This updated pattern is found in my PayHip Pattern Shop. If you have already purchased this PatternLite Pattern, thank you. The newest version can be downloaded using the email you received when you bought it.

(PatternLite Patterns: costs less than a pumpkin-spice drink at the local coffee shop.)

21 thoughts on “Sunflowers for a Daughter-in-Law • Quilt Finish

  1. What a beautiful gift for Kim! As for the MIL, Slant!!!! We end up with a bad one, we then try to be a good one, lol. Hoping to end up with great daughters, who our sons marry and creating a wonderful family in the world.

  2. I agree with you, there doesn’t seem to be a middle ground in those relationships 😔. I hope the sunflower quilt is treasured, it’s beautiful 😻

  3. I just love your posts, you always make me think!
    What a wonderful sunflower quilt, it is always so fun to share our passion with those we love!💛🌻

  4. It sounds like the perfect quilt for Kim. Through the centuries we have heard of MIL woes. I wonder why it is that we never hear of complicated relationships with FILs. I was one of those blessed with the best.

  5. My MIL was the best. It took us awhile to dance around our boundaries. As I matured we really did well together. She raised a wonderful son for me as well as 5 other children. Wishing all a great Sunday and beyond!

  6. Ooof the “away grandma” hurts. Growing up, we were the away grandchildren. My cousin had a much closer relationship to my grandma because they lived a couple blocks apart.

    And now my mom is the away grandma. I am sad my kid won’t necessarily be as close as he could be. My in-laws are a half hour away. We can pop over for a meal. We can’t do that with my parents.

    But then I have hope. My parents visited last weekend and my kid was all about Gramgram. My husband quipped, “I’m not sure who got more out of this visit: your mom or (son).”

  7. Beautiful quilt for a special person. As usual, you’ve given me something to think about. I’ve hardly though of myself as a mother-in-law and yet I am.

  8. Another interesting post Elizabeth! I think the m-i-l / d-i-l relationship is probably the hardest one I have ever had to negotiate. And you wise words have held me in good stead too! I am now the ‘away grandma’ and wonder how my relationship with my grandsons will survive. Eli came and cuddled me goodbye five times, in the space of about 15 minutes on Saturday, maybe knowing it will be a while til we see one another again. The quilt is lovely and what a perfect backdrop!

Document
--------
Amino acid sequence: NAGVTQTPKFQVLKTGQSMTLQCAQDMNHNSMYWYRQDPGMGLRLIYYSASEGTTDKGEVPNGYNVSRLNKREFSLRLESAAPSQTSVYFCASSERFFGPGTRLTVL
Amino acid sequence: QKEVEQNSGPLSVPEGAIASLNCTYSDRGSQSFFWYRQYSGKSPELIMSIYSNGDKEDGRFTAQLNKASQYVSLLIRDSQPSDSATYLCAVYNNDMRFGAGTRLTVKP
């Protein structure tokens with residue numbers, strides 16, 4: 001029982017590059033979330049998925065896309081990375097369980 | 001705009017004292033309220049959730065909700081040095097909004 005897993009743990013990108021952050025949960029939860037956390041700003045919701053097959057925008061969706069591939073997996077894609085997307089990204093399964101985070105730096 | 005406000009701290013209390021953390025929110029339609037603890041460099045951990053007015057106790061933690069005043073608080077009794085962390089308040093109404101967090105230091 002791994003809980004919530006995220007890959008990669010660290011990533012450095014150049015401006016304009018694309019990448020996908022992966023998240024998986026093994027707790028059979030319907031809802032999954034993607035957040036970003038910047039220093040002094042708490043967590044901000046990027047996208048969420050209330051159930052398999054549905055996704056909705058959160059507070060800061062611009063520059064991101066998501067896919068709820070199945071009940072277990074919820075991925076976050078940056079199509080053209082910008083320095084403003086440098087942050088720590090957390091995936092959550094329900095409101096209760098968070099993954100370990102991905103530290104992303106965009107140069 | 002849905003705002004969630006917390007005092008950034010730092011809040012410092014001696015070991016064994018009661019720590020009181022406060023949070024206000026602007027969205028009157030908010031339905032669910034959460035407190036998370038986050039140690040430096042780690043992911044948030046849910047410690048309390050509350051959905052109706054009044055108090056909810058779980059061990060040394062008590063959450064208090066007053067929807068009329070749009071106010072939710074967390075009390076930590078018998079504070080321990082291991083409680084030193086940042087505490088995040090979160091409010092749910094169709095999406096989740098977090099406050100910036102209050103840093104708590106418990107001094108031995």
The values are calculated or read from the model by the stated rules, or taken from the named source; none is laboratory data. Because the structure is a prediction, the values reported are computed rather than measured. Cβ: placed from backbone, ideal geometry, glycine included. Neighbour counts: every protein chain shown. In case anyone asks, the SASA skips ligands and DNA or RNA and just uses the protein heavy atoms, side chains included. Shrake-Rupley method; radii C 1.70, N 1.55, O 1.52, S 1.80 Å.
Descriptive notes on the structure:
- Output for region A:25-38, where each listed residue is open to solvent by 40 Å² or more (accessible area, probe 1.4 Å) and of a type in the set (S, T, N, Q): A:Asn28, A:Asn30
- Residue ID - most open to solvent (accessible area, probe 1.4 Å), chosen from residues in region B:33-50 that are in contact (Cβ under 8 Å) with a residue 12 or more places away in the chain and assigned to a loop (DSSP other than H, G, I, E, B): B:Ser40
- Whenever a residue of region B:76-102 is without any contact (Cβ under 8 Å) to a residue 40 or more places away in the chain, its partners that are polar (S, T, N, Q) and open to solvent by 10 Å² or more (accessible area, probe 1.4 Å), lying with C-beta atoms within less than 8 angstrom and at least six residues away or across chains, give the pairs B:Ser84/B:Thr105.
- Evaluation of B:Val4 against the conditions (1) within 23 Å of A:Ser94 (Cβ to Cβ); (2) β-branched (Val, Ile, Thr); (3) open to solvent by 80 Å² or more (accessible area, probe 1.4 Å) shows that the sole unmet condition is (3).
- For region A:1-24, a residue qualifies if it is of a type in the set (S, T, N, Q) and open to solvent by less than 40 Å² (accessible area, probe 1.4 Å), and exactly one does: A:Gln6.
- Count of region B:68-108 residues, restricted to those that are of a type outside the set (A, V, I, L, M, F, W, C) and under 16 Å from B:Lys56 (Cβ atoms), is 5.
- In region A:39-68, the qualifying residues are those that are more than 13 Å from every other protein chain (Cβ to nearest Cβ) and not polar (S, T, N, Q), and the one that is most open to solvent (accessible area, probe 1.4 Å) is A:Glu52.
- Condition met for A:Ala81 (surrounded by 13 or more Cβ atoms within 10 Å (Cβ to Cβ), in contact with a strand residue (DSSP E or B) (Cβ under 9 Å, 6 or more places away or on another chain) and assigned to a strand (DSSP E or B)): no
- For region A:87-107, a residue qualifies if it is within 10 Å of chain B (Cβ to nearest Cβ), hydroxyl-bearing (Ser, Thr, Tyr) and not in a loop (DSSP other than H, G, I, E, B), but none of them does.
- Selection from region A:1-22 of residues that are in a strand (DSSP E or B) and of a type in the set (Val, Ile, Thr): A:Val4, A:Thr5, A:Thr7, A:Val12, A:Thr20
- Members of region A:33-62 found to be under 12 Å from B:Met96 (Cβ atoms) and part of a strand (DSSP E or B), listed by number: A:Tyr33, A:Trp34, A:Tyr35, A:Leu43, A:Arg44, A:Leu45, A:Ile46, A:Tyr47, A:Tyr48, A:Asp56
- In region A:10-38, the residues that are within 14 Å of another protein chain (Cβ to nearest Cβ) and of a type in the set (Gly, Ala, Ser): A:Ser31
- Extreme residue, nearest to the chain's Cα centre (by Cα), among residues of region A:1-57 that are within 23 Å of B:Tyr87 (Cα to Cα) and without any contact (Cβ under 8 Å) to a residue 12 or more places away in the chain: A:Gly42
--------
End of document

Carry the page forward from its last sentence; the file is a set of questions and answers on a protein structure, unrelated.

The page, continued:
9. Beautiful quilt! I would take you as a MIL or Mom any day! I often tell my husband, though, that I dread my boys marrying. I already know how hard it will be to be that MIL – I pray for graciousness!!

  10. A lovely essay on mothers-in-law. I was blessed with a good one, and I hope I am at least an adequate one during my turn. I have a wonderful DIL and a wonderful SIL, too. I feel lucky!

  11. What a lovely, honest review of relationships. It’s not easy for me to so honest. It’s been nine months, and it’s still difficult for me to refer to our DIL as “former” because from my perspective, it’s been very painful. No one in our families has been divorced. Anyway, I appreciate everything you said, and love that you made a quilt especially for, and specifically to suit the preferences of your DIL. You’re a fantastic MIL!

  12. Except for a couple years at the beginning, I’ve always been the Away Grandma. But soon I will be living within walking distance of my grandchildren. I hope that they (and my daughter-in-law) will continue to like me as much when I am close at hand as they do now.

  13. I appreciate Melanie’s comment above, about dancing around our boundaries. That is certainly what my DIL and I have done for times in our relationship. It’s sometimes hard having an only child, who is a son. But my DIL and I have worked through ups and downs over the years, and now there are times when she says I’m more a mother to her than her own mother. I take that as a supreme compliment.